In a mass democracy that has triumphed over all traditional values there is no truth, no justice, no social welfare beyond that of the voice of the people. The people determine what is just and good they determine everything by their votes. One man, one vote. One vote, one unit of truth and morality. Majority rules. More votes, more truth, more morality. As our “liberal” intellectuals today would say, what could be more conducive to the general welfare than for all individuals to have an equal voice (vote) in deciding what is to their welfare? Even when they do not say so, most of our intellectuals have now so completely absorbed this tenet of mass democracy that they have nothing but contempt for those who try to remind them of the ancient truth that direct rule by collective ignorance—by mobocracy—always leads in time to tyranny, first to the tyranny of the majority and then to the tyranny of the few when the ignorance of the majority has produced its inevitable social catastrophes.
In America today the same nuclear physicist who would laugh uproariously at the thought that the average businessman should have a vote on whether to allow physicists to study the atom would immediately turn around and insist that he as a citizen and nothing more should have the right to vote on whether the owners of Texas gas wells should have the right to set their own prices for their gas, whether the Federal Reserve should increase the money supply at a faster rate, or whether the federal government should “stimulate” the international economy by running budget deficits and “talking down” the dollar in exchange markets.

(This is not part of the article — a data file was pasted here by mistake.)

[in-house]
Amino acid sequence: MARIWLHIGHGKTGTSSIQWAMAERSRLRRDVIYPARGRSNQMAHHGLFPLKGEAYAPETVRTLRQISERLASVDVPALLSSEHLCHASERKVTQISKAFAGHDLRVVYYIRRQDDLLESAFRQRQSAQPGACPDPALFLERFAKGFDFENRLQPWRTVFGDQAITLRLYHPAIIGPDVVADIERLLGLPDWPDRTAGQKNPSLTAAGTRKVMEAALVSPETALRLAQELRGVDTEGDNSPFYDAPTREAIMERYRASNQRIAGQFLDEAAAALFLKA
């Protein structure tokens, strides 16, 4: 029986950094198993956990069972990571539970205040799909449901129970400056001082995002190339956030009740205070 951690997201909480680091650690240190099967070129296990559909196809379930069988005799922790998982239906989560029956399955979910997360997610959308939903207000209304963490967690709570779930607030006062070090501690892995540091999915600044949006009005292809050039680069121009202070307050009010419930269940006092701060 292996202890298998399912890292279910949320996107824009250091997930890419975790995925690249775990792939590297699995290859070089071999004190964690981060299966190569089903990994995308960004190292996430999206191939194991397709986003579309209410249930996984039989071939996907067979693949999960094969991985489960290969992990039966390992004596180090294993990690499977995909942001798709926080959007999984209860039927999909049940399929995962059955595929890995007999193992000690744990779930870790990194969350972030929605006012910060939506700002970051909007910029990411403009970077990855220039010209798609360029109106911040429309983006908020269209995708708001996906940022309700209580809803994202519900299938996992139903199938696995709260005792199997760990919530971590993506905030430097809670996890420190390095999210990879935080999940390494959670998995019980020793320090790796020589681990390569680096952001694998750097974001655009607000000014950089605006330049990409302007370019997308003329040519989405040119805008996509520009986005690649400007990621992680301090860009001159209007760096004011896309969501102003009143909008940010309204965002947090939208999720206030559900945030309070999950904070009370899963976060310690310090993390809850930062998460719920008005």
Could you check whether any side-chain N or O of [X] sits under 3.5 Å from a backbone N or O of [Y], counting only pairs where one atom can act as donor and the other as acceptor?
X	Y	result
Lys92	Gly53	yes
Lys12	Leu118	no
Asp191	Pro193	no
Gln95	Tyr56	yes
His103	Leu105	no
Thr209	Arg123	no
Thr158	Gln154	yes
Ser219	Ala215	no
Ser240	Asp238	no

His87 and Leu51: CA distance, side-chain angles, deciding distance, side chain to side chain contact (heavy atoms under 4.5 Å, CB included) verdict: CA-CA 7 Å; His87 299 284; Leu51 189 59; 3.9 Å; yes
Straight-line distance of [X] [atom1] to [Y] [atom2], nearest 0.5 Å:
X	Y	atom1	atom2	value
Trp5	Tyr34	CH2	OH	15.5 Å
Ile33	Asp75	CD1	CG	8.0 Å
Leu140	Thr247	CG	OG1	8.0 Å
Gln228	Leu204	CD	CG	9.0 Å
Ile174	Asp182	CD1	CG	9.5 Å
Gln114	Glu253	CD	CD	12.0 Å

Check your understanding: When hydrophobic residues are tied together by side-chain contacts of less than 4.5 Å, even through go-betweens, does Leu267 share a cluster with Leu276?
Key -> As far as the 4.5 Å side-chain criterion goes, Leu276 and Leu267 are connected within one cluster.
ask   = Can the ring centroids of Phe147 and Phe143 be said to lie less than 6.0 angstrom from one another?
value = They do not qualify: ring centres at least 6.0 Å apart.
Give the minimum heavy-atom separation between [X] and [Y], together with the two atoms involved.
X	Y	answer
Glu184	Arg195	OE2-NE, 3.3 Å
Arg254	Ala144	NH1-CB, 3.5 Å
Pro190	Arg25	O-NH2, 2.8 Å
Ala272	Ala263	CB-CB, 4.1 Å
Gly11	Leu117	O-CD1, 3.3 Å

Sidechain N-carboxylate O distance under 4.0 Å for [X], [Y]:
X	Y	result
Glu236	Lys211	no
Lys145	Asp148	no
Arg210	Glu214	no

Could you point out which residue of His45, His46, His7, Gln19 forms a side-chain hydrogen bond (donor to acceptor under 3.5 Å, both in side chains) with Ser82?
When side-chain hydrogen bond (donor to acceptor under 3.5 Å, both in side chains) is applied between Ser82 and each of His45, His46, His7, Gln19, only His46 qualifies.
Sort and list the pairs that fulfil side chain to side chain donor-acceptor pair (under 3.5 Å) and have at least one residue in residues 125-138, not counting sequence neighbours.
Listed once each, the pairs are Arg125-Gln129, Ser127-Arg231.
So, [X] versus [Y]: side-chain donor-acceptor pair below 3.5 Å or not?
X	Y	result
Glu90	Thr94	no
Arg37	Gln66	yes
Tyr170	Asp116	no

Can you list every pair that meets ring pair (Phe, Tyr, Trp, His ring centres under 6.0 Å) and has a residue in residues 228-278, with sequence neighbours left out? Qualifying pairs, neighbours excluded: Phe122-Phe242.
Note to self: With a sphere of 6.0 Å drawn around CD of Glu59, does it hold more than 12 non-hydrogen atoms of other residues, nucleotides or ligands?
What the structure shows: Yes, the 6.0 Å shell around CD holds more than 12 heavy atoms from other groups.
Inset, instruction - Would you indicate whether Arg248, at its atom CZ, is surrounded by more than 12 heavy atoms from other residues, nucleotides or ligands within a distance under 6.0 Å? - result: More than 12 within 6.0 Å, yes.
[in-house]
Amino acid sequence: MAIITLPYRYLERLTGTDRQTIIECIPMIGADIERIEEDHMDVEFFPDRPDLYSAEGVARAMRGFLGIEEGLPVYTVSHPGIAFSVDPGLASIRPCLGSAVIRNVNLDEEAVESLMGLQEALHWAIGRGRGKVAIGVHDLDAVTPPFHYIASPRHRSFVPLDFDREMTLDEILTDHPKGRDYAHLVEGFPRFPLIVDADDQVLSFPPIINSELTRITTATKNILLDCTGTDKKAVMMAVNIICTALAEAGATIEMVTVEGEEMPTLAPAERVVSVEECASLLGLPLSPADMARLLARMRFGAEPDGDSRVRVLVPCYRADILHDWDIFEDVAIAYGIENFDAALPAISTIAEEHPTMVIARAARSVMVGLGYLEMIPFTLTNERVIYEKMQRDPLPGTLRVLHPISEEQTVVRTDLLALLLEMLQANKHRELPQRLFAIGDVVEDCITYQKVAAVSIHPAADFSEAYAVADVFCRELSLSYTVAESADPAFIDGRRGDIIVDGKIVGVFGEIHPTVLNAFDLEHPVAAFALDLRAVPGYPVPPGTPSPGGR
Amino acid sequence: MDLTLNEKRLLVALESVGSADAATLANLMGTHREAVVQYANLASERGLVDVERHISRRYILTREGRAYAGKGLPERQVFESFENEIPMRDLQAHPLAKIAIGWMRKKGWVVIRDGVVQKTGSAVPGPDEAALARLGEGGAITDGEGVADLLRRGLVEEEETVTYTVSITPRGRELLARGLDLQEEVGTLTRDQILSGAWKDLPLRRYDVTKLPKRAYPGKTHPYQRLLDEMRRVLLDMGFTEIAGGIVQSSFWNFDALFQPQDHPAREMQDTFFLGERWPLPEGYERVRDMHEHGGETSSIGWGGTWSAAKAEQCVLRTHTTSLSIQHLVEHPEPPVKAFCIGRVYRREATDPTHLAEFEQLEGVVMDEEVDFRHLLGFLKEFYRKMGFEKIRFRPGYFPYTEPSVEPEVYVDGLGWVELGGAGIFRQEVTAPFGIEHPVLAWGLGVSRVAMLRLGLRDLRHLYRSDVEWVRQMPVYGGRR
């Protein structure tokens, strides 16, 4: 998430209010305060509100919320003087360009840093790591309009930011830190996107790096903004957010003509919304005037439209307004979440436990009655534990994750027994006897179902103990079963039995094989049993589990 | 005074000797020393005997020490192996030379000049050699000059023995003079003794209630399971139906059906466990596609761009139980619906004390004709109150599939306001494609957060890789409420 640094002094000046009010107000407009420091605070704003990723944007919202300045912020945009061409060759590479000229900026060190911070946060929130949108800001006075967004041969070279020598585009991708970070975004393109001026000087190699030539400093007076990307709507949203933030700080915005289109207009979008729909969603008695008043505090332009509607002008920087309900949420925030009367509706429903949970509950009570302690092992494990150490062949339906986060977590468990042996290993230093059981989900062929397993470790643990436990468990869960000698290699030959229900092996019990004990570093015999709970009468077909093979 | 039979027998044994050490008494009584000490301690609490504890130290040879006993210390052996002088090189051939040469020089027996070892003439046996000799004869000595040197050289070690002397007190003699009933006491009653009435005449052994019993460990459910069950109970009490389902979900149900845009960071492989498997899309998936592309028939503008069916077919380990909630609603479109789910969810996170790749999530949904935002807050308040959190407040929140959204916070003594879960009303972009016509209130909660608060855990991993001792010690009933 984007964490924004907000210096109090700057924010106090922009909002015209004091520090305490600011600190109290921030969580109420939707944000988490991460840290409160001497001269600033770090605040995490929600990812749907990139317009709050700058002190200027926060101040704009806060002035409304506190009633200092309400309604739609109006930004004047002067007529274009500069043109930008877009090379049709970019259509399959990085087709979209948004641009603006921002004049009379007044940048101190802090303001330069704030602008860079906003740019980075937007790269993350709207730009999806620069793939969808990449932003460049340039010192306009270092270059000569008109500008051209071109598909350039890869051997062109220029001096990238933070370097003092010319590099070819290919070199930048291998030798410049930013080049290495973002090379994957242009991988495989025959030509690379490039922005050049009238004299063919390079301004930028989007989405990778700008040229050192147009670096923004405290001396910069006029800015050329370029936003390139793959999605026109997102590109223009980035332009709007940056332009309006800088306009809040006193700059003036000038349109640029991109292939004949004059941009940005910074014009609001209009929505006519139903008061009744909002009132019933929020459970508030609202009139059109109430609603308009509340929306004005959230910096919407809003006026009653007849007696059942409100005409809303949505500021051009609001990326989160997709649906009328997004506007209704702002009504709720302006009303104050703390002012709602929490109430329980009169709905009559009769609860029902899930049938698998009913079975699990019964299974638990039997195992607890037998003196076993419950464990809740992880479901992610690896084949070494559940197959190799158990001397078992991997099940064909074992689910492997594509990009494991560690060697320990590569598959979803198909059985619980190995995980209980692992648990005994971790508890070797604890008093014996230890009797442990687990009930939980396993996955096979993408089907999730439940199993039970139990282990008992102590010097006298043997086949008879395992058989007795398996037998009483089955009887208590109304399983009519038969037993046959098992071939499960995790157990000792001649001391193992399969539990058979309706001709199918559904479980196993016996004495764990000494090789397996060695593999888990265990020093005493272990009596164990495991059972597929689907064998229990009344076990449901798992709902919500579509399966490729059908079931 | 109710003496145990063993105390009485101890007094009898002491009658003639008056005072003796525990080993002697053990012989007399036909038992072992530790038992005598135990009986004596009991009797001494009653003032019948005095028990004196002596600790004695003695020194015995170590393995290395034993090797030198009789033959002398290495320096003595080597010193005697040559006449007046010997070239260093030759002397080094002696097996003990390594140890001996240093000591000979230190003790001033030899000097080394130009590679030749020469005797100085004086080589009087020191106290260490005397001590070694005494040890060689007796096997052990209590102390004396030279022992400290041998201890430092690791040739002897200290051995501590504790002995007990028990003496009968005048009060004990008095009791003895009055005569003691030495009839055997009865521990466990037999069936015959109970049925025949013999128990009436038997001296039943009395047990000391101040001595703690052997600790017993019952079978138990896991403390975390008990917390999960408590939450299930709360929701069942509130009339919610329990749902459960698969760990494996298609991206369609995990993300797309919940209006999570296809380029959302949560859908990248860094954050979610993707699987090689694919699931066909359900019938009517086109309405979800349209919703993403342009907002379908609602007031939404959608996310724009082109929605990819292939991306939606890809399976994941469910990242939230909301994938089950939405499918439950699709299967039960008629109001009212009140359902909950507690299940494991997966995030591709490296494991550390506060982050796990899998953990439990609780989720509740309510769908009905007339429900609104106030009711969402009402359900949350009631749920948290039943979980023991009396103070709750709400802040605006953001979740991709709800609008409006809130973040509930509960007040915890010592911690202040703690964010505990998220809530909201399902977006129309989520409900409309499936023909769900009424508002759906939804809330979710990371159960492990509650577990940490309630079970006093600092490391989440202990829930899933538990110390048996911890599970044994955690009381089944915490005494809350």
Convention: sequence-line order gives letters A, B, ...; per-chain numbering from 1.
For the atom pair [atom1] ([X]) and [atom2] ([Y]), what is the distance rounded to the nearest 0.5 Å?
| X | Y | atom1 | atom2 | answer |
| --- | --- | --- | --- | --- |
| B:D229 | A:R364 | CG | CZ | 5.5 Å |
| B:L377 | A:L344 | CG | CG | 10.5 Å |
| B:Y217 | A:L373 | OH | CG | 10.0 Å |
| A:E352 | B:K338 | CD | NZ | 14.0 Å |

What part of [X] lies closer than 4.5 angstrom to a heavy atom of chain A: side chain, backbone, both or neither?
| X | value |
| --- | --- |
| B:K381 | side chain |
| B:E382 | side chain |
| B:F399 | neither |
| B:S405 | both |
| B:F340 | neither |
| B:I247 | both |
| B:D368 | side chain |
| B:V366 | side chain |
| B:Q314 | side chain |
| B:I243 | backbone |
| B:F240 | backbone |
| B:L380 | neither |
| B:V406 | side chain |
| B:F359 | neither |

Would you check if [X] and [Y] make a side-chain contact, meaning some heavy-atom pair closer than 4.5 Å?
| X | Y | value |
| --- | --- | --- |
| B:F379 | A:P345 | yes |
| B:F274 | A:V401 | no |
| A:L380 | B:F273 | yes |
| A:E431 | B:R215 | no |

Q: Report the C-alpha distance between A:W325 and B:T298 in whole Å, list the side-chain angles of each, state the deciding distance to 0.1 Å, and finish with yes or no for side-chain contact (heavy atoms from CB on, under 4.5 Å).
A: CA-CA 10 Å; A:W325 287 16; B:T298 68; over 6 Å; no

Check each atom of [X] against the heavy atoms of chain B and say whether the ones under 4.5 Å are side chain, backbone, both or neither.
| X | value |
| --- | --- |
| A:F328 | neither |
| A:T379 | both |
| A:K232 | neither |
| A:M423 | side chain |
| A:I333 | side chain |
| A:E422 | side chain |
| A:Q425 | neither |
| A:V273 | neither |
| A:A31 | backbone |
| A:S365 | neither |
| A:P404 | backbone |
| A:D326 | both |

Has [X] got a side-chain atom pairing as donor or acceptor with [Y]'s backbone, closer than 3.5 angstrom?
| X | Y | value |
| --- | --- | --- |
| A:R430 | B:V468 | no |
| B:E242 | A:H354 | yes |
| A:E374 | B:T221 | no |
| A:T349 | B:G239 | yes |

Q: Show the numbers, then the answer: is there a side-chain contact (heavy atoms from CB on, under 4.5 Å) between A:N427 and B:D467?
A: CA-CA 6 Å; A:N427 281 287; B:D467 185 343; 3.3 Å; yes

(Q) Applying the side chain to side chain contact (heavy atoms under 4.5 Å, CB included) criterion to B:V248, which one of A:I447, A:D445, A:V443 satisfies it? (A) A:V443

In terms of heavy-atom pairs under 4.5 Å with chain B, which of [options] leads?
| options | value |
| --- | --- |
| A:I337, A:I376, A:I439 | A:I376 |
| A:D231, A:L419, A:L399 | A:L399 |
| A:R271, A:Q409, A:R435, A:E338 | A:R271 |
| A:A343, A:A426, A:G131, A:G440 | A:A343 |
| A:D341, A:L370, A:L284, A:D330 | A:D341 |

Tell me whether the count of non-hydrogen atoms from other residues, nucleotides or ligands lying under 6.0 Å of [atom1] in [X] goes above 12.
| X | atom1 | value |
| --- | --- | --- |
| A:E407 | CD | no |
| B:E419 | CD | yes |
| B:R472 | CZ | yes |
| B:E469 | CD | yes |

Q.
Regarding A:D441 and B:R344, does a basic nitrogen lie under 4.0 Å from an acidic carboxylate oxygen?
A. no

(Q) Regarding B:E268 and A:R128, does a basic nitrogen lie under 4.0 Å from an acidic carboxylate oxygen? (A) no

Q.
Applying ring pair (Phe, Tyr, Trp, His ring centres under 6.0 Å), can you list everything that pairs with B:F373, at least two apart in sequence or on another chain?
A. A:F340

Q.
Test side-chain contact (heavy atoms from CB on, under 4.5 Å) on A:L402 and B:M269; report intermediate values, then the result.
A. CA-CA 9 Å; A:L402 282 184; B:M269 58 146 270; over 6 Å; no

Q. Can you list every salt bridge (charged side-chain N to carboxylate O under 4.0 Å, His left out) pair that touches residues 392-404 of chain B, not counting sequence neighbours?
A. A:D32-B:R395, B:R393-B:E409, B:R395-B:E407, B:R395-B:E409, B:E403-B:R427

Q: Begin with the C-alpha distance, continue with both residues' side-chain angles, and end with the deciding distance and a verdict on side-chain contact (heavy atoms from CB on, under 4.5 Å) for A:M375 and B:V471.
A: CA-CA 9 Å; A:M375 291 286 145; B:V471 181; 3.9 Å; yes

The same sociologist who asserts with contempt that the average politician knows nothing about the realities of drug use and their effects would assert with aplomb, and without thinking to consult a single study or learning economic theory, that the government should “solve” the problem of inflation by imposing wage and price controls upon all those businessmen who “set their prices to rip-off obscene profits.”
And the average citizen voter, who can barely read at the so-called tenth grade level, asserts blandly that his votes justify the politicians’ use of police powers to dictate to doctors the standards of medical care and the maximum charges they can ask for their services.
Confusing the Issue
Why? Why does the physicist think he should have a vote to determine what price Texas gas owners can ask for their gas, whereas it is ludicrous for the Texan to vote on whether the physicist be allowed to investigate the atom? Because, says the physicist, the price of gas is a “political question” that affects us all, not a question of scientific fact. But our physicists have forgotten that there are few things in a world of interdependent markets that do not affect almost everything else in some way. What could be more important in determining the future—or lack of future—of all human beings than nuclear re search? By our physicist’s own standards, what, then, could be more “political,” and thus more subject to decision by mass vote, than nuclear physics?
And, if our sociologist can use his vote to dictate the asking price for gas in Texas, why cannot the gas owner use his vote to dictate the grading standards of the sociologist, or his hiring standards, or his subject of research?